We decided to stop trying.


This time we moved to Boston. Our time in Boston was so good. Brian was in grad school, and I was volunteering at a yoga studio. We had so much time together. We ate and traveled and went to so many movies. It was a great reset year for us. It was here we decided to investigate adoption. We talked with an adoption agency and started filling out the application. Before we turned it in, Brian got the lists for the next jobs to rank. All the jobs were overseas. We talked to the adoption agency, and they said there was no way they could work with us while overseas. We felt at a loss and didn’t know how to go forward. This was when we decided to give IVF a try. 

We called Walter Reed Medical Center to see if we might be able to get accepted into their IVF program. It would still be very expensive but with the grant that covered the medication, it would be greatly reduced. We took a long weekend to go down for all the tests and then after several months of waiting, we were accepted and got dates for the treatment. Brian was in the middle of his dissertation, but Walter Reed said he only needed to be present for the day they extracted my eggs. He had to be there that day to supply his contribution and to drive me after my procedure. Leading up to the egg retrieval day, I stayed with a friend. I gave myself countless shots. Let me tell you if you have never given yourself a shot, that first time is hard! I nearly threw up with the anticipation. For fourteen days I gave myself four shots a day and went in for ultrasounds every other day. It was exhausting, physically, mentally, and emotionally. After the egg retrieval, there was only one shot left and that would be done a certain number of hours before the transfer. It was the HCG trigger shot. The needle was huge, and I had to mix the medication myself. It was nerve wracking. The friend I was staying with had to give me the shot because it was intermuscular and on my rear end. The nurse at Walter Reed had kindly drawn a bullseye for her to know where it was to go. I drove myself at the appointed time for the transfer. Brian was already back in Boston.

We only had one viable embryo after the whole IVF process. After the transfer, I had to start three times daily progesterone suppositories and then have two blood tests to check my HCG hormone levels before we could be sure. I was back at Hanscom at this point and did all my lab work at a local hospital and OB’s office.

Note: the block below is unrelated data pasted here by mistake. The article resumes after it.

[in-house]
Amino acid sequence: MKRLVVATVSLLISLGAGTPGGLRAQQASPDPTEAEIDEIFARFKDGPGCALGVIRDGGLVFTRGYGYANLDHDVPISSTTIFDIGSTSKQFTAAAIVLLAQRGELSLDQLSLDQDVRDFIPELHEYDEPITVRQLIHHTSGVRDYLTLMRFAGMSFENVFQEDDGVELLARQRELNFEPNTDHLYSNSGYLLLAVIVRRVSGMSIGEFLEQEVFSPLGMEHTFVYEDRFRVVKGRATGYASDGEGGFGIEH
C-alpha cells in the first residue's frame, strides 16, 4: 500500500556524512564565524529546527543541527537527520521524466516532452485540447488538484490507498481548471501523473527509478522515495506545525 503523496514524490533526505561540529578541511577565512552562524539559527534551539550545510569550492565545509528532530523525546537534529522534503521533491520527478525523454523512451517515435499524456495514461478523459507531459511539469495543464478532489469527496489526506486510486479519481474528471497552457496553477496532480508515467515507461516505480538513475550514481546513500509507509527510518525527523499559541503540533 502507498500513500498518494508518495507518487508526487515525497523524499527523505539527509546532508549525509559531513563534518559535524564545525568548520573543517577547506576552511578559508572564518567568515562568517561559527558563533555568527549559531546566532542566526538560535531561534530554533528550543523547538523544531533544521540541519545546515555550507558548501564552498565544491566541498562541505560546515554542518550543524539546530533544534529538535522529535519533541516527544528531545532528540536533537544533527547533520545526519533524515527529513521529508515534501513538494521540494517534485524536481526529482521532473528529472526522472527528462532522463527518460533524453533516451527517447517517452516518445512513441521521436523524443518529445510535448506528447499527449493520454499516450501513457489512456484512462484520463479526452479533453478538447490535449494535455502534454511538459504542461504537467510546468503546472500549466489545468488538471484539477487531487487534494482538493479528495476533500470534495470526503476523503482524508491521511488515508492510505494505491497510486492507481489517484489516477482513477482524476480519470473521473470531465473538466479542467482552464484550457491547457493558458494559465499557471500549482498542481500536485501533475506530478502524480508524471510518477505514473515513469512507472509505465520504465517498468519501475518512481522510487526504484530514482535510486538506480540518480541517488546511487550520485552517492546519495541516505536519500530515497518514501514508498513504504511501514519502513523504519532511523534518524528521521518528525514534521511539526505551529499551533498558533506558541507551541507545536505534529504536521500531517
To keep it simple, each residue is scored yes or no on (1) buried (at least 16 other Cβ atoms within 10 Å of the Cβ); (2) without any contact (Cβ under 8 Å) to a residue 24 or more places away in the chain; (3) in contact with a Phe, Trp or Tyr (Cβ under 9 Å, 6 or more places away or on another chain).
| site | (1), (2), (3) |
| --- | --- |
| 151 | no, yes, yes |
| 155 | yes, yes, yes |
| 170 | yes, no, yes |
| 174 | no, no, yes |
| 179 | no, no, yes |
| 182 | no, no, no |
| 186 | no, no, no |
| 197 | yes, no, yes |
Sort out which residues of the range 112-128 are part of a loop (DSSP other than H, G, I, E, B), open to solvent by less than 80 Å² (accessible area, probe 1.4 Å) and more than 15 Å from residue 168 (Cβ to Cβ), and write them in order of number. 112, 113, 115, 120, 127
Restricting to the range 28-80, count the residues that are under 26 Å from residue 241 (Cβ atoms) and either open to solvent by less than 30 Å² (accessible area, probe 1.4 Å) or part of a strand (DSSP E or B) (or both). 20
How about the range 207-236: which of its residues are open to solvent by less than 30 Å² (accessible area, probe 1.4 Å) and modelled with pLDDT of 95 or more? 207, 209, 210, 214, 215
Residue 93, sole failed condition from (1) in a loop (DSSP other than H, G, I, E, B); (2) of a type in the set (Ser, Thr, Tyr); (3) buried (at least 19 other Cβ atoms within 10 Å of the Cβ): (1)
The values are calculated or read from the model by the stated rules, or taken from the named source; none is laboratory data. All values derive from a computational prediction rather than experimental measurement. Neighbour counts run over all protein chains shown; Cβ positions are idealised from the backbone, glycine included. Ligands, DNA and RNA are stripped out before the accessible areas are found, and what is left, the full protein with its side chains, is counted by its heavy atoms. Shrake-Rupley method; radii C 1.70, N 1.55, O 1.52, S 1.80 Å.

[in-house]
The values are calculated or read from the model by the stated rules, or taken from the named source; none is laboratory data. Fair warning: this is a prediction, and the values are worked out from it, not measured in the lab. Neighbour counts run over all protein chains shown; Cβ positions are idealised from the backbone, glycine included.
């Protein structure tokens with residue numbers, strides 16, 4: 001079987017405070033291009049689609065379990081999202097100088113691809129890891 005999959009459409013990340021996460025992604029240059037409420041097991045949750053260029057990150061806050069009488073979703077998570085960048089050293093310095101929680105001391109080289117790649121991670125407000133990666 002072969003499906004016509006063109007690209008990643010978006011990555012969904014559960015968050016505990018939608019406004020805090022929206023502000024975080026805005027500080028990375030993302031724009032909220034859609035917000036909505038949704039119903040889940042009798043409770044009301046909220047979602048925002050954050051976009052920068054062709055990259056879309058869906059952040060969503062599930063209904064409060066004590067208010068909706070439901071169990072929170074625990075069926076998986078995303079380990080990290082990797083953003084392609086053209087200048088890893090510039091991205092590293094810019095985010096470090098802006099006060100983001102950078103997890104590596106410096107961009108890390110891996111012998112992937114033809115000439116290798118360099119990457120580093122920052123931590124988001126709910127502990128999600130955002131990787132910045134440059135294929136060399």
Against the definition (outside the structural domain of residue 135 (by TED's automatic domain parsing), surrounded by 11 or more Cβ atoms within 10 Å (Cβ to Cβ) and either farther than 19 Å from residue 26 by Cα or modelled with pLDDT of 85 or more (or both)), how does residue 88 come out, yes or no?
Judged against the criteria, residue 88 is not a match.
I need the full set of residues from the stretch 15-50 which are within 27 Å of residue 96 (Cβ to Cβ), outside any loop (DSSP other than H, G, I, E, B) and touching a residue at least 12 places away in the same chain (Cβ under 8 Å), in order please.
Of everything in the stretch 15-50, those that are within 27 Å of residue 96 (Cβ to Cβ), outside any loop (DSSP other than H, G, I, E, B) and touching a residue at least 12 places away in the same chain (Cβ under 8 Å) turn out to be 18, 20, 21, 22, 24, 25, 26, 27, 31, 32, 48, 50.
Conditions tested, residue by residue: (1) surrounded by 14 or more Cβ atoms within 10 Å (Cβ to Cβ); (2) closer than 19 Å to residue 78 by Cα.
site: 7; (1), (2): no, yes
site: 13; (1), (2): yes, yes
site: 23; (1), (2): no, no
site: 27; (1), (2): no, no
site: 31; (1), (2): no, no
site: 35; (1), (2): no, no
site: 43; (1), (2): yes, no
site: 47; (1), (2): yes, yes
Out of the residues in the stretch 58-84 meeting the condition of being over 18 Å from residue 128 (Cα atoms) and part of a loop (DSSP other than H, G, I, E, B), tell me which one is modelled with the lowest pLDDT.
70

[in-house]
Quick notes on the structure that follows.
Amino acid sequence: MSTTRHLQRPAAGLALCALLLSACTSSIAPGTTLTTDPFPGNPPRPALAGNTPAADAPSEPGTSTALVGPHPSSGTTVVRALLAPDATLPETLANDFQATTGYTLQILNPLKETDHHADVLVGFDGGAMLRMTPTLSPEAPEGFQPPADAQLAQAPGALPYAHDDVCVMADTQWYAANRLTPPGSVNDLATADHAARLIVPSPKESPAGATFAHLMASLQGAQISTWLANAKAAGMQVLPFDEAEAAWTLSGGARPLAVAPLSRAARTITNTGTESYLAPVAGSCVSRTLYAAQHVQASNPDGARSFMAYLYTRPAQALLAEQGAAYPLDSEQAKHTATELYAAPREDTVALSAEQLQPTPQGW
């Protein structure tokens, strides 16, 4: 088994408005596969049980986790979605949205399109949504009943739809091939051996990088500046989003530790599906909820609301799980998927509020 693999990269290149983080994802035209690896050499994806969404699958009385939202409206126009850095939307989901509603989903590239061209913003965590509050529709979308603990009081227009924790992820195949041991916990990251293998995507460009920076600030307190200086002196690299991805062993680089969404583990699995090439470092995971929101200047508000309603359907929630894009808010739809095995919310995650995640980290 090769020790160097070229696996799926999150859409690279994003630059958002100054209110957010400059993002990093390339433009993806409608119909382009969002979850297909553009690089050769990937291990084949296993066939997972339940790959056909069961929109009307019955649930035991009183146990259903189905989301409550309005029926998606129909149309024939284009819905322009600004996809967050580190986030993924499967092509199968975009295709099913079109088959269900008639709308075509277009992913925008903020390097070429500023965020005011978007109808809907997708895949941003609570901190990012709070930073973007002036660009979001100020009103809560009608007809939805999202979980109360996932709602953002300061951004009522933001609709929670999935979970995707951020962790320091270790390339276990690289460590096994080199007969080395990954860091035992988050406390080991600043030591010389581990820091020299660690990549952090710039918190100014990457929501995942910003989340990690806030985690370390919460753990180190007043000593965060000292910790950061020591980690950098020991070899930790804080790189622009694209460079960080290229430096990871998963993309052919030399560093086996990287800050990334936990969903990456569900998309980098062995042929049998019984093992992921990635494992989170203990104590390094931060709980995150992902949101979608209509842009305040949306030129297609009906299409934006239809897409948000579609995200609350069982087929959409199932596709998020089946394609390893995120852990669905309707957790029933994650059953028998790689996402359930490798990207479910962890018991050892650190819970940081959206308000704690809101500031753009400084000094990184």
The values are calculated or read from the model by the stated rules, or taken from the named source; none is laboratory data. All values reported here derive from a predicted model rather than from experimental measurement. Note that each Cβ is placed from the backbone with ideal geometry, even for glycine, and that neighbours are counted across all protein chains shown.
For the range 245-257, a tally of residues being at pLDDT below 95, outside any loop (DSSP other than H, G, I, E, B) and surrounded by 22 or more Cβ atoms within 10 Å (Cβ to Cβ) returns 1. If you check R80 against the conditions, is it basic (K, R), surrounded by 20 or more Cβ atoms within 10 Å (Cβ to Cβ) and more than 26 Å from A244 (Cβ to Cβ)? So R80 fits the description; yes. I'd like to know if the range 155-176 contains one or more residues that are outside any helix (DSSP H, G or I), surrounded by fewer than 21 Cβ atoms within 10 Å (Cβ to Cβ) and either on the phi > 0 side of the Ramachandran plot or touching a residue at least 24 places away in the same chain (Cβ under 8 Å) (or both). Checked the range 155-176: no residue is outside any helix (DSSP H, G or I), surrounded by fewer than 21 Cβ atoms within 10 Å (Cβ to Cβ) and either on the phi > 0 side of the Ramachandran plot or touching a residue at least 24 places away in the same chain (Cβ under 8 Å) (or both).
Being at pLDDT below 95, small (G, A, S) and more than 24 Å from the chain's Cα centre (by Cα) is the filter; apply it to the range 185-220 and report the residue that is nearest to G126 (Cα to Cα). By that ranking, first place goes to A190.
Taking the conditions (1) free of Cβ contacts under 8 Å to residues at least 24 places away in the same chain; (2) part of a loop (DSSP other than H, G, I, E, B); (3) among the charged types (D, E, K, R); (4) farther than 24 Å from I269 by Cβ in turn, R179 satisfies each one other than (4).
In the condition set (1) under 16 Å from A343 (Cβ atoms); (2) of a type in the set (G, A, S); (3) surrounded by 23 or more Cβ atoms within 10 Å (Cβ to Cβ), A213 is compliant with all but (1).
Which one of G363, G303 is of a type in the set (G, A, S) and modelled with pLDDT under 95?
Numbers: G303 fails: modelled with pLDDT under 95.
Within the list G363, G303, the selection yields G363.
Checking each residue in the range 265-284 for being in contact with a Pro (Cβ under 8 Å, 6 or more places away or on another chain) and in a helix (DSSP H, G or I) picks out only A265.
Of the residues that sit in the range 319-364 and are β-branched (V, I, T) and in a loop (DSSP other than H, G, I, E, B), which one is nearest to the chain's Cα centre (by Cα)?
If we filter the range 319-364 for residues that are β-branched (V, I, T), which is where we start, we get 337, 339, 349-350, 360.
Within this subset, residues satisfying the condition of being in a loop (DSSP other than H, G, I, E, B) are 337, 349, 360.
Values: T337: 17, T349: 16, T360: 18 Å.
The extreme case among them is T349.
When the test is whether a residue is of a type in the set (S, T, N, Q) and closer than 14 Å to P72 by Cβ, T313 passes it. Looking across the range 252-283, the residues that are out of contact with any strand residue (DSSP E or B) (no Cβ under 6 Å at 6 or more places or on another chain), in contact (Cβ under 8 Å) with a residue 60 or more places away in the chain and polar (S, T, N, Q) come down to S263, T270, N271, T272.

And then, I was pregnant. After 9 years of trying, we were pregnant. 

I remember the first ultrasound we had. We cried and cried. I had to continue to use the progestogen suppositories well into my second trimester because of spotting. It was a long and anxious pregnancy. It was hard to rest easy and not let anxiety rule the entire nine months. We had our daughter in Virginia nine months later. IVF pregnancies seem to last longer because you find out much sooner that you are pregnant, and the pregnancy is measured on a slightly different timeline. 

We went through much of our journey silently. It wasn’t until Harper was about a year old that I realized how many other military families traveled this journey and I began to be vocal about our story. I have since shared our story with many other families, both friends, and strangers (that other friends have connected with me). Know that if you are on this journey, you are not alone. There is someone out there who sees you and can offer an ear, a hug, or a text message.

Additional Resources

Tricare Covered Services
Operation Baby
Fertility Lifelines – Compassionate Care Program
The Bob Woodruff Foundation’s Veterans In Vitro InitiAtive (VIVA)
Resolve: The National Infertility Association
Adoption Reimbursement
Military One Source Adoption Resources
National Military Family Association Adoption Resources


Elizabeth Bosse is a yoga teacher, reiki master and teacher, and writer. As the creator of the blog WellnessWildernessWithElizabeth she is building a program to take wellness on the move. As a military spouse of 15 years and mother of a young daughter, Elizabeth has had a lot of practice maintaining wellness through changing circumstances, developing her philosophy through 9 moves (5 of which were overseas), 2 deployments, and 1 evacuation. She has a master’s degree in social work from the University of Alabama and experience in hospice. In her spare time, Elizabeth enjoys running, swimming, reading, practicing and teaching yoga, and traveling.